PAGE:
Aim: To make students more aware of life in different parts of the UK and the world, and to develop a greater sense of interest in the world outside of school.

Background: Boys at the school did not empathise with people living in environments that were unfamiliar to them and wildly different to their lives in London. A number of students were so focused on doing well at school or getting into a good university that they did not develop an interest in the world around them – something of great importance to being a good geographer.


Year 1: Links were explored with other schools in contrasting contexts and several (in Ghana, Zimbabwe, Lesotho, Kenya and Tanzania, and also initially Tendring Technology College through the PTI) were contacted to explain the aims of the project and see if a lasting partnership would be feasible. Teachers at each school identified and shared opportunities for key global issues to be taught and for the perceptions of students to be analysed. Each term work was exchanged between schools and students compared their views to those in other countries. Pen-pal letters were exchanged and students in all of the schools joined extra-curricular clubs.

Year 2: By this stage it was clear that one school (in Ghana) was equally enthusiastic about the project; new projects were created and shared between the two schools, and a visit was arranged for a teacher from Ghana to visit Queen Elizabeth’s. Funding came through the British Council’s Connecting Classrooms programme. The talk he gave really opened pupils’ eyes to understanding arguments from other points of view. A Facebook group was set up for students to maintain links themselves, and pupils are in charge of updating a noticeboard with the latest work, photos and information from each school. An African-style theatre company also visited the school to demonstrate more about African culture.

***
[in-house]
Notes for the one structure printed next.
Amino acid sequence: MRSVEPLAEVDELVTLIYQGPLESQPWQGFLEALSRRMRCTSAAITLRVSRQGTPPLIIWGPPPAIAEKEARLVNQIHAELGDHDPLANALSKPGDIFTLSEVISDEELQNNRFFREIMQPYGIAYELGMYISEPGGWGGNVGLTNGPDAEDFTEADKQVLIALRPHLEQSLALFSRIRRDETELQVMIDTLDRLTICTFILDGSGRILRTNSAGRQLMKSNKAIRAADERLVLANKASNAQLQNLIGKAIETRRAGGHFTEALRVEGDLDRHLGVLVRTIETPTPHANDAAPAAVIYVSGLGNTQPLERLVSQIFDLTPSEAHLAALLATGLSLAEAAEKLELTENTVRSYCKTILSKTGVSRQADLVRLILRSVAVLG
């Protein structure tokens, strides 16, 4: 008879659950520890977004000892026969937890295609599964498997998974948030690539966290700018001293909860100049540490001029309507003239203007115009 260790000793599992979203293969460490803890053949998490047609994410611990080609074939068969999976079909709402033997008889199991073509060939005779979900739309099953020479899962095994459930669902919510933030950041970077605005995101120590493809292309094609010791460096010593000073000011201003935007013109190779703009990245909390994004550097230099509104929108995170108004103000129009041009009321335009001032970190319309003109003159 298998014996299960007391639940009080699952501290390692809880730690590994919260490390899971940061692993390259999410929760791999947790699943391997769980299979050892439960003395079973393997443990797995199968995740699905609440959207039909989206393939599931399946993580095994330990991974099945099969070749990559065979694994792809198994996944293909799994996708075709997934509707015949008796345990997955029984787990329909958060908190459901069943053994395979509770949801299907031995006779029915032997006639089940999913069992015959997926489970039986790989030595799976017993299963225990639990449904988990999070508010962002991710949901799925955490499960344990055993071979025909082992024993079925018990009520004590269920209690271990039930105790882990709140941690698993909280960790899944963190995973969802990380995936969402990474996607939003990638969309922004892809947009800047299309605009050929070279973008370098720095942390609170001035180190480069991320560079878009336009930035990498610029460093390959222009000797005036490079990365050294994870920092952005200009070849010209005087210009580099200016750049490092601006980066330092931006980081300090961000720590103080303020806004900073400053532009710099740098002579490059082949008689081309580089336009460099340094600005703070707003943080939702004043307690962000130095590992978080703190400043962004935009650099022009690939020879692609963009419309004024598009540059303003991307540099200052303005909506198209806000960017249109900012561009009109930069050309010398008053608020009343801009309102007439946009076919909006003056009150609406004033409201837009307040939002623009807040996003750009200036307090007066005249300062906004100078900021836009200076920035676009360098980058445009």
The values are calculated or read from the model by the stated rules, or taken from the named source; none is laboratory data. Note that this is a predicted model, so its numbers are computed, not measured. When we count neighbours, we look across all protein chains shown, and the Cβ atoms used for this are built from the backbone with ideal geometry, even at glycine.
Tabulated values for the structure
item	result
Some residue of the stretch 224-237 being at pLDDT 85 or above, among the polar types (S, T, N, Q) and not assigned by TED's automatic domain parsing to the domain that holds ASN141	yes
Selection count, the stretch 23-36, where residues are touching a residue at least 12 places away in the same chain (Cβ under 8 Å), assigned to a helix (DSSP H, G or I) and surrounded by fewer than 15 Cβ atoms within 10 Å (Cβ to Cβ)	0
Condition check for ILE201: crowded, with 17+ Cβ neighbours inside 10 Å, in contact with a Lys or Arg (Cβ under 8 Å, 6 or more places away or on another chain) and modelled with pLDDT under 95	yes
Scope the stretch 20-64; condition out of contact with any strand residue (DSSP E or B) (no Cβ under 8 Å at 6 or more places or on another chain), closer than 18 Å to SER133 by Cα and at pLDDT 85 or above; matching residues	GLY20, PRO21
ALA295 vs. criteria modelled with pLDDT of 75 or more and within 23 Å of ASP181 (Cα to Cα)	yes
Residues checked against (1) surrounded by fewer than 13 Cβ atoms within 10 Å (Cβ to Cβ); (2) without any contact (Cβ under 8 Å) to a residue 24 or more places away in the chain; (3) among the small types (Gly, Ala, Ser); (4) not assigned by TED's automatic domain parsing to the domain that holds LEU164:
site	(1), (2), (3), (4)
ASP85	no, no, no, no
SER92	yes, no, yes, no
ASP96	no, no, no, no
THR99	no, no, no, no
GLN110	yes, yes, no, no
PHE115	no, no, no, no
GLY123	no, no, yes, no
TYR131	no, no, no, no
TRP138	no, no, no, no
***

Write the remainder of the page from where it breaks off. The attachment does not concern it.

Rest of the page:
Evidence: Student questionnaires, uptake at GCSE and A Level.

Impact: Results of student questionnaires showed that the projects and links had helped to develop a greater sense of interest in the rest of the world and an increased awareness of global issues. It also made them more likely to be active global citizens. They were inspired by the idea of a potential visit to Ghana and enthusiastic about developing further links; knowing their work was being shared with students in Ghana motivated them to produce a better quality of work and to enjoy it more.

The numbers studying GCSE and A Level Geography have both increased. Provisional GCSE numbers are 130 for 2015 (100 in 2014) and at A Level they have increased from 21, to 30, to 32 in the past 3 years.

Reflections: Challenges have been involving more schools in the links, and also enthusing and fully involving the whole department. It is hard to transfer your own passion to other staff members, and perhaps their involvement needs to be secured through target setting and performance review.

Contact: Guy Boyes,